The problem with Rhaegar

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They had come together at the ford of the Trident while the battle crashed around them, Robert with his warhammer and his great antlered helm, the Targaryen prince armored all in black. On his breastplate was the three-headed dragon of his House, wrought all in rubies that flashed like fire in the sunlight. The waters of the Trident ran red around the hooves of their destriers as they circled and clashed, again and again, until at last a crushing blow from Robert’s hammer stove in the dragon and the chest beneath it. When Ned had finally come on the scene, Rhaegar lay dead in the stream, while men of both armies scrabbled in the swirling waters for rubies knocked free of his armor.

Rhaegar Targaryen is, to put it mildly, problematic.

At worst, he’s a kidnapping, prophecy-obsessed rapist. At best, he’s a fool in love who forgot everything political he knew (or ought to have known) to run off with 15 year old Lyanna Stark.

Continue reading “The problem with Rhaegar”

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CONFIRMED!

“Promise me Ned. Promise me.”

I might not be able to watch Game of Thrones season 6 until the DVD comes out (too poor for a Foxtel subscription!) but I do follow social media and am not afraid of spoilers.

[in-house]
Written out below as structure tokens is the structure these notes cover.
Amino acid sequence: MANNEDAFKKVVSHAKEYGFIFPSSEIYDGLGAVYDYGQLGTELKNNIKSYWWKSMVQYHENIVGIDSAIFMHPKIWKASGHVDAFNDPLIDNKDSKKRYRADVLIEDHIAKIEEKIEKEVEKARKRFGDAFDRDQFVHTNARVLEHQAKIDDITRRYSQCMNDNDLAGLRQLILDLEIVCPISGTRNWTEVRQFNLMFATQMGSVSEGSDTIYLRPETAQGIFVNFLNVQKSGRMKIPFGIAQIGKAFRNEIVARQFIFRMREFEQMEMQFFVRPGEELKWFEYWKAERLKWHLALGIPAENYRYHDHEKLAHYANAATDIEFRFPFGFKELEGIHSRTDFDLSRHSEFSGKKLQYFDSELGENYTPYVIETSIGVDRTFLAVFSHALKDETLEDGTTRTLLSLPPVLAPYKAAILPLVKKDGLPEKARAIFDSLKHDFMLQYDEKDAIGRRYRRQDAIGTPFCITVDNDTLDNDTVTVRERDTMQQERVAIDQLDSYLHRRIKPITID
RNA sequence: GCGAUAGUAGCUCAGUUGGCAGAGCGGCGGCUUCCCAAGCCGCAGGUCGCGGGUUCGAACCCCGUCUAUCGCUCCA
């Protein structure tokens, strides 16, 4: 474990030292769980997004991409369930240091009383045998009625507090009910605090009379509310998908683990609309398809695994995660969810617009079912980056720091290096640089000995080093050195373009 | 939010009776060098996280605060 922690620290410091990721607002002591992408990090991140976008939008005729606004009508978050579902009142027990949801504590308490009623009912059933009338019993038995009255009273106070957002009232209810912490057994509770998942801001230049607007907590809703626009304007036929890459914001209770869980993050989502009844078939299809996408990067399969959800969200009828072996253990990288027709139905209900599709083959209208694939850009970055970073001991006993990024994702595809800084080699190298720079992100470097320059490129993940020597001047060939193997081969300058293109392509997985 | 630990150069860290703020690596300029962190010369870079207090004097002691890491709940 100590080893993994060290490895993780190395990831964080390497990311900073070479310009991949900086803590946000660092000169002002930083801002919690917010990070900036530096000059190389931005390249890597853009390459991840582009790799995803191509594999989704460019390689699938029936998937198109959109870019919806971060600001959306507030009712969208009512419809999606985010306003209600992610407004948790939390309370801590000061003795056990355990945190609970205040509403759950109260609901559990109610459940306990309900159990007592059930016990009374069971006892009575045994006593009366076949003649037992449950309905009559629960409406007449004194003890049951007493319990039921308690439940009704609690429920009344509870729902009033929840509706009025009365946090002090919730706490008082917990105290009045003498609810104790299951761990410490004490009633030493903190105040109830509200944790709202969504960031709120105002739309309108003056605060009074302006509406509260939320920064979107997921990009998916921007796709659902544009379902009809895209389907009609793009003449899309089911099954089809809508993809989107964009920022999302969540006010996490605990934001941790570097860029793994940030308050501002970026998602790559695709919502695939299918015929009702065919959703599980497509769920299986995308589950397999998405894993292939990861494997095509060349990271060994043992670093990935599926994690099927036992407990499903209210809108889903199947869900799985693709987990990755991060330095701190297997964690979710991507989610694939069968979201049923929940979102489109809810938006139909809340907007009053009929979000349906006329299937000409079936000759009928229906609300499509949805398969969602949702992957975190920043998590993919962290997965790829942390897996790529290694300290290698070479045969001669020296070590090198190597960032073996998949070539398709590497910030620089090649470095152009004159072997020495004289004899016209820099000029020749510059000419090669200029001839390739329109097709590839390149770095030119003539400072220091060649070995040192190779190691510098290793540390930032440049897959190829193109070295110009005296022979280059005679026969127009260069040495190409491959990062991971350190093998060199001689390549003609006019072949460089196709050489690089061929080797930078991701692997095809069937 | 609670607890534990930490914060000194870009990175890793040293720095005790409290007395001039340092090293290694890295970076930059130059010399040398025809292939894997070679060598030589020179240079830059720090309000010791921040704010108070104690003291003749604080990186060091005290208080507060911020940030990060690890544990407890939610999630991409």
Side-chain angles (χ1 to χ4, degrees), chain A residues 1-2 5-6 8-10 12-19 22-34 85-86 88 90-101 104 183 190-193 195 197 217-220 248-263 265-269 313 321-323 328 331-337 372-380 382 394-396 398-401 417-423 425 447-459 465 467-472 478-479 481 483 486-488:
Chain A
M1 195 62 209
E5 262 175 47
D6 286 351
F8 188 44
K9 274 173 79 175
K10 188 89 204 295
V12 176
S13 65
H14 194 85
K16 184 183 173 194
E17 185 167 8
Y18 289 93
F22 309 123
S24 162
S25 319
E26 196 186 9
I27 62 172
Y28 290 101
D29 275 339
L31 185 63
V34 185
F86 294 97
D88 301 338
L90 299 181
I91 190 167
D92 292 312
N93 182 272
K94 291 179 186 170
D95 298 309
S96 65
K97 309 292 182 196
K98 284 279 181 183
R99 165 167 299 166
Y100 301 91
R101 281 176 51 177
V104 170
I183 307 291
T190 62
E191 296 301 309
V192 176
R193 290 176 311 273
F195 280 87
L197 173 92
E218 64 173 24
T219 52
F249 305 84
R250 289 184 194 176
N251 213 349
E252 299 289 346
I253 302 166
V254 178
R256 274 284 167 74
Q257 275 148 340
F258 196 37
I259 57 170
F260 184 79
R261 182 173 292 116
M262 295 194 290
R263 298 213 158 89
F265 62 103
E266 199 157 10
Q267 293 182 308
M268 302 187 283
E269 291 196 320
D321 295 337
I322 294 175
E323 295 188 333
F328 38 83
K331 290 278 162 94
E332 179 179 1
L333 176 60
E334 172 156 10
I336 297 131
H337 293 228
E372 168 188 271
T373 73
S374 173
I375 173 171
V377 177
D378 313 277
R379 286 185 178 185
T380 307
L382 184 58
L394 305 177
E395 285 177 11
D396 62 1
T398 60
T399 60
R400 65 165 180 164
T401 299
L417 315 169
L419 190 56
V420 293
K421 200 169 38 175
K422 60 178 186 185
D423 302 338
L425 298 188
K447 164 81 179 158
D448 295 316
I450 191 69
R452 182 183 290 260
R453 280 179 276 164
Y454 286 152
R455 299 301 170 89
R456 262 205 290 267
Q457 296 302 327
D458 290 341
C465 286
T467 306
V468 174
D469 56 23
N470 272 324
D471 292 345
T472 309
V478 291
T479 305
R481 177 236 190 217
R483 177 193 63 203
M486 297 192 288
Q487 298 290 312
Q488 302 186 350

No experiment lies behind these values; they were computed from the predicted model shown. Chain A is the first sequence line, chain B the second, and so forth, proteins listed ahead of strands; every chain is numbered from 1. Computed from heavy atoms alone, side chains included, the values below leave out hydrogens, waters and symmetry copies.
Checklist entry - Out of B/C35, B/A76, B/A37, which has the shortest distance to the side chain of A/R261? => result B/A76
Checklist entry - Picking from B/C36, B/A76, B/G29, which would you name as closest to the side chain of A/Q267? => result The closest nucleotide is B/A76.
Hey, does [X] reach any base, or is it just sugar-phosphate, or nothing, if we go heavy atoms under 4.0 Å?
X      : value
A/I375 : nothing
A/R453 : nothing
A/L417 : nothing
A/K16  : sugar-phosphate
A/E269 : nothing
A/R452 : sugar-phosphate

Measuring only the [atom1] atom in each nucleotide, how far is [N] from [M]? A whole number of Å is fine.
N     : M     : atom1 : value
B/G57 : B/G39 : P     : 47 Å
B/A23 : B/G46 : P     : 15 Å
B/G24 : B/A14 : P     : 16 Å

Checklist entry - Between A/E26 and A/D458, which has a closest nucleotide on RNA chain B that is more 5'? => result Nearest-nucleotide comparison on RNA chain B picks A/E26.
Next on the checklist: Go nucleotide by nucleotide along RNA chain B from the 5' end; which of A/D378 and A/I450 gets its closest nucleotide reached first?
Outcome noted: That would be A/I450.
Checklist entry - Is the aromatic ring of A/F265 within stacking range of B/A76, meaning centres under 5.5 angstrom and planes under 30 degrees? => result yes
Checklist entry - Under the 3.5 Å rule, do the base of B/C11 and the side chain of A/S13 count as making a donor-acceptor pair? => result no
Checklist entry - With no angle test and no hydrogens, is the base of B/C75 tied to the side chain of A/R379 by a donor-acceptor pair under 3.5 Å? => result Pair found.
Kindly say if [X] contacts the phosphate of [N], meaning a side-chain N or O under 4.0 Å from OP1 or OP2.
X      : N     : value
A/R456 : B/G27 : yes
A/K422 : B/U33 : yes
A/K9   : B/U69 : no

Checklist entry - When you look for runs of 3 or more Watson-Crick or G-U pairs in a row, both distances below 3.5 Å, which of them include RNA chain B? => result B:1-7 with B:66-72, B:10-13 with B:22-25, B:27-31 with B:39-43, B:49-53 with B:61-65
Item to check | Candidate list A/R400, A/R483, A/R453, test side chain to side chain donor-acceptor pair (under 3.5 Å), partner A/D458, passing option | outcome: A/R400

Rhaegar + Lyanna = Jon

His is the song of ice and fire.

I’m not even putting this behind a cut, because there’s no complex blog post. Just all the images that I can grab from the net.

“Lyanna lay dying in her bed of blood…”

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What is the “Song” at the heart of ASOIAF?

I’ve thrashed around some ideas in the past putting forward the hypothesis that GRRM is telling two stories within ASOIAF: the Song of Ice & Fire, and the Game of Thrones.

By taking the dual series names, I’m not advocating for book wank over TV fanboys. (Although I am, in general, a proud book wanker – as far as ASOIAF goes. Some of the changes made by the TV show are perplexing and remain to be seen if they are editorial shortcuts or just very bad ideas…)

What I mean is that two complex stories are being told within the one field of war: a mystical story that we don’t understand yet about the Song of Ice & Fire, and the War for the Dawn; against the political shenanigans which we do understand, with a plethora of interested parties duking it out for absolute monarchical control of Westeros.

The Game doesn’t really require extensive analysis, because it’s familiar to us. It’s the political machinations of King’s Landing, the chaos of Littlefinger, the long game of Varys: we recognise it because we see it daily, or can reflect upon history.

But the Song…. what is the Song? Is the Song about magic in all its forms? Or is it specifically about the Others and the Long Night? Is it about balance between Fire (Valyrian/dragon magic) and Ice (Winter/Others’ magic)? Or is it something else entirely?

Now, despite a litany of hilarious suggestions for appropriate ASOIAF music choices on reddit, I didn’t actually mean this question quite so literally. I don’t mean “what is the Song?” as in who is singing it and why, I mean what is the story at the heart of the more magical and metaphysical side of ASOIAF.

Continue reading “What is the “Song” at the heart of ASOIAF?”